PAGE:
Special thanks to Mark Allman, Ted Faber, Steve Bellovin, Vern Paxson, Allison Mankin, Sharad Ahlawat, Damir Rajnovic, John Wong, Joe Touch, Alfred Hoenes, Andre Oppermann, Fernando Gont, Sandra Murphy, Brian Carpenter, Cullen Jennings, and other members of the tcpm WG for suggestions and comments. ACK throttling was introduced to this document by combining the suggestions from the tcpm working group.

13. References

13.1. Normative References

[RFC0793] Postel, J., "Transmission Control Protocol", STD 7, RFC 793, September 1981. [RFC2119] Bradner, S., "Key words for use in RFCs to Indicate Requirement Levels", BCP 14, RFC 2119, March 1997.

13.2. Informative References

[Medina05] Medina, A., Allman, M., and S. Floyd, "Measuring the Evolution of Transport Protocols in the Internet", ACM Computer Communication Review, 35(2), April 2005, <http://www.icir.org/mallman/papers/tcp-evo-ccr05.ps>. [NISCC] NISCC, "NISCC Vulnerability Advisory 236929 - Vulnerability Issues in TCP". [RFC1122] Braden, R., "Requirements for Internet Hosts - Communication Layers", STD 3, RFC 1122, October 1989.
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   [RFC1323]     Jacobson, V., Braden, B., and D. Borman, "TCP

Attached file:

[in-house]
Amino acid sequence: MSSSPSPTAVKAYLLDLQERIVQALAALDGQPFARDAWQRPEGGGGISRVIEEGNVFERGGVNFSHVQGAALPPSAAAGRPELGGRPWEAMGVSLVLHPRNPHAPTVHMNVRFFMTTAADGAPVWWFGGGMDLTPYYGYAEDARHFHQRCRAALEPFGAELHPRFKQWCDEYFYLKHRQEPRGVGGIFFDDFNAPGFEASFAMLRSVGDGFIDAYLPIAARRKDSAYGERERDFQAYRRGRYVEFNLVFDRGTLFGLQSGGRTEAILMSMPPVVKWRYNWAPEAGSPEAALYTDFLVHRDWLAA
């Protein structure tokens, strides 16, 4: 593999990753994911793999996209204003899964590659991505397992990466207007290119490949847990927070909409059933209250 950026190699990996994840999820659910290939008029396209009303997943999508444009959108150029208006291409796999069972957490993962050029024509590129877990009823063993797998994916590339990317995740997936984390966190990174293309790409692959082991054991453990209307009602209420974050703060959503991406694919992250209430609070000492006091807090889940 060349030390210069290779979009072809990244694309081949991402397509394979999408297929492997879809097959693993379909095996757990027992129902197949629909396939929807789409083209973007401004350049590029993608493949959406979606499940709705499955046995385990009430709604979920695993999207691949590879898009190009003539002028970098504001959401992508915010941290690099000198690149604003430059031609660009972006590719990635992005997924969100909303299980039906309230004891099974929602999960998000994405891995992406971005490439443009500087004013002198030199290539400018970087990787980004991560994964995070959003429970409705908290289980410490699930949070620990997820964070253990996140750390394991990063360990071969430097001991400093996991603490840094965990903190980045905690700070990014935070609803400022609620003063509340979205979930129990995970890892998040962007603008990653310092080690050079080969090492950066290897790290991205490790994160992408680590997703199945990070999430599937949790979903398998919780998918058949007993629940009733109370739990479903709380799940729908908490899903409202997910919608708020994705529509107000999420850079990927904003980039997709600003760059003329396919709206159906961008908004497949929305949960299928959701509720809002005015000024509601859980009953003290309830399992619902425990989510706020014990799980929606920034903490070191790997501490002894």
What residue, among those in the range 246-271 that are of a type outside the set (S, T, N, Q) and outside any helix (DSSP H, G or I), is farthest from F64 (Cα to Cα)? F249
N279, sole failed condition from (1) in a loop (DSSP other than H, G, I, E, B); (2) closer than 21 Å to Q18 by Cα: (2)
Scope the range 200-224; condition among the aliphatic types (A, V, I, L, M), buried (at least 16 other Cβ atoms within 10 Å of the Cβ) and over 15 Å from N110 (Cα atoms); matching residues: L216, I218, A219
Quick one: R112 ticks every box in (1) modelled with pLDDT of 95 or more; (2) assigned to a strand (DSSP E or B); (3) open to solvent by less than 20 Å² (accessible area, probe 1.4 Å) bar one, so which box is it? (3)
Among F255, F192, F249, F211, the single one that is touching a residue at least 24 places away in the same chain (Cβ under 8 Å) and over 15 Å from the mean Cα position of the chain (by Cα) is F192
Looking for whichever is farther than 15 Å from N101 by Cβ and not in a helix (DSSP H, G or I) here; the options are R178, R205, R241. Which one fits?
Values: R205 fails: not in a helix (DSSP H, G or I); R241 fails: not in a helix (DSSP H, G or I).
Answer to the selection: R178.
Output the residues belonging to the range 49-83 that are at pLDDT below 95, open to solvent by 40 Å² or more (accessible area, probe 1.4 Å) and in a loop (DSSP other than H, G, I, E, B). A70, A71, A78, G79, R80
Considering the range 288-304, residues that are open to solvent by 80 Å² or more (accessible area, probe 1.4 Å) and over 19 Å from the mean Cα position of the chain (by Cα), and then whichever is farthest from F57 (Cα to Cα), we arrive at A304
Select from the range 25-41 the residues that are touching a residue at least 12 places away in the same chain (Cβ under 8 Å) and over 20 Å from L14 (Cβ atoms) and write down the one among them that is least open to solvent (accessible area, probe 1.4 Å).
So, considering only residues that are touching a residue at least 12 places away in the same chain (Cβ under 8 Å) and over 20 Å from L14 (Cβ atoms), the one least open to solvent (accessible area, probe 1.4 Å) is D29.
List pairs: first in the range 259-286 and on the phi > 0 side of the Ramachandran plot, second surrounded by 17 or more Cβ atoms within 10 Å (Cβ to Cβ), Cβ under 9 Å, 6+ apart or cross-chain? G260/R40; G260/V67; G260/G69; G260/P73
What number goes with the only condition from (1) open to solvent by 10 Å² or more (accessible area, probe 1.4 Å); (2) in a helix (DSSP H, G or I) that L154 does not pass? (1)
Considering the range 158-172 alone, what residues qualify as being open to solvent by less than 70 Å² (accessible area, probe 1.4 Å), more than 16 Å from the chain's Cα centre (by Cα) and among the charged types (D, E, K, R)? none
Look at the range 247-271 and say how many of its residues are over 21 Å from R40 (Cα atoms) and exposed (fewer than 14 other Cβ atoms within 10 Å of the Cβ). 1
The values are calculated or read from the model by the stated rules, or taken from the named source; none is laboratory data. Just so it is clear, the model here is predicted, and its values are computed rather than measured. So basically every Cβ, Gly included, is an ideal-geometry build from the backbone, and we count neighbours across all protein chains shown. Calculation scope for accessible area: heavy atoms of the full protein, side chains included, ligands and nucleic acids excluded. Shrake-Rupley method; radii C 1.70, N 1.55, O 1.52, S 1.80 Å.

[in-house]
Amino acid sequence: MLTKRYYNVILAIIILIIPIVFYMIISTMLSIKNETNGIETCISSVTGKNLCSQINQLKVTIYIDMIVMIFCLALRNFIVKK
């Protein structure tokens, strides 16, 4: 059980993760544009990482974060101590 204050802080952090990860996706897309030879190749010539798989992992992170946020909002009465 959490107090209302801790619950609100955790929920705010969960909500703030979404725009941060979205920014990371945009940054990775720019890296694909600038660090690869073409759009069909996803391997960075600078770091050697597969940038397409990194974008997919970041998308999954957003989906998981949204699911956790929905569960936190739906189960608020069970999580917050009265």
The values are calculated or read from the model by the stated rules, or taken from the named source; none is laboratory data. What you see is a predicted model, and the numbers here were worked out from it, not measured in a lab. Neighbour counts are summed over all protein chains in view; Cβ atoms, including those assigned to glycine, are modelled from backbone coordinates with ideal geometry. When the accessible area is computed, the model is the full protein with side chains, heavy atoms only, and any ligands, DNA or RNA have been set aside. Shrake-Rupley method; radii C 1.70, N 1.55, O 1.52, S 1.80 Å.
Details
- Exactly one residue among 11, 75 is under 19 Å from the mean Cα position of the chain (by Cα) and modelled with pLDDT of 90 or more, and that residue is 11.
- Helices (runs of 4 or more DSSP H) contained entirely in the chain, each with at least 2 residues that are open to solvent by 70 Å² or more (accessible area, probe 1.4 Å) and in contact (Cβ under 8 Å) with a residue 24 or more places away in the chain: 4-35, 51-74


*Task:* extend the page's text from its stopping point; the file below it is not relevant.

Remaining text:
Extensions for High Performance", RFC 1323, May 1992.

   [RFC1948]     Bellovin, S., "Defending Against Sequence Number
                 Attacks", RFC 1948, May 1996.

   [RFC2385]     Heffernan, A., "Protection of BGP Sessions via the TCP
                 MD5 Signature Option", RFC 2385, August 1998.

   [RFC4271]     Rekhter, Y., Li, T., and S. Hares, "A Border Gateway
                 Protocol 4 (BGP-4)", RFC 4271, January 2006.

   [RFC4302]     Kent, S., "IP Authentication Header", RFC 4302,
                 December 2005.

   [RFC4303]     Kent, S., "IP Encapsulating Security Payload (ESP)",
                 RFC 4303, December 2005.

   [RFC4953]     Touch, J., "Defending TCP Against Spoofing Attacks",
                 RFC 4953, July 2007.

   [RFC5927]     Gont, F., "ICMP Attacks against TCP", RFC 5927,
                 July 2010.

   [SITW]        Watson, P., "Slipping in the Window: TCP Reset
                 attacks", Presentation at 2004 CanSecWest,
                 <http://cansecwest.com/csw04archive.html>.

   [TSVWG-PORT]  Larsen, M. and F. Gont, "Transport Protocol Port
                 Randomization Recommendations", Work in Progress,
                 August 2010.
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Authors' Addresses

Anantha Ramaiah Cisco Systems 170 Tasman Drive San Jose, CA 95134 USA Phone: +1 (408) 525-6486 EMail: ananth@cisco.com Randall R. Stewart Huawei 148 Crystal Cove Ct Chapin, SC 29036 USA Phone: +1 (803) 345-0369 EMail: rstewart@huawei.com Mitesh Dalal Cisco Systems 170 Tasman Drive San Jose, CA 95134 USA Phone: +1 (408) 853-5257 EMail: mdalal@cisco.com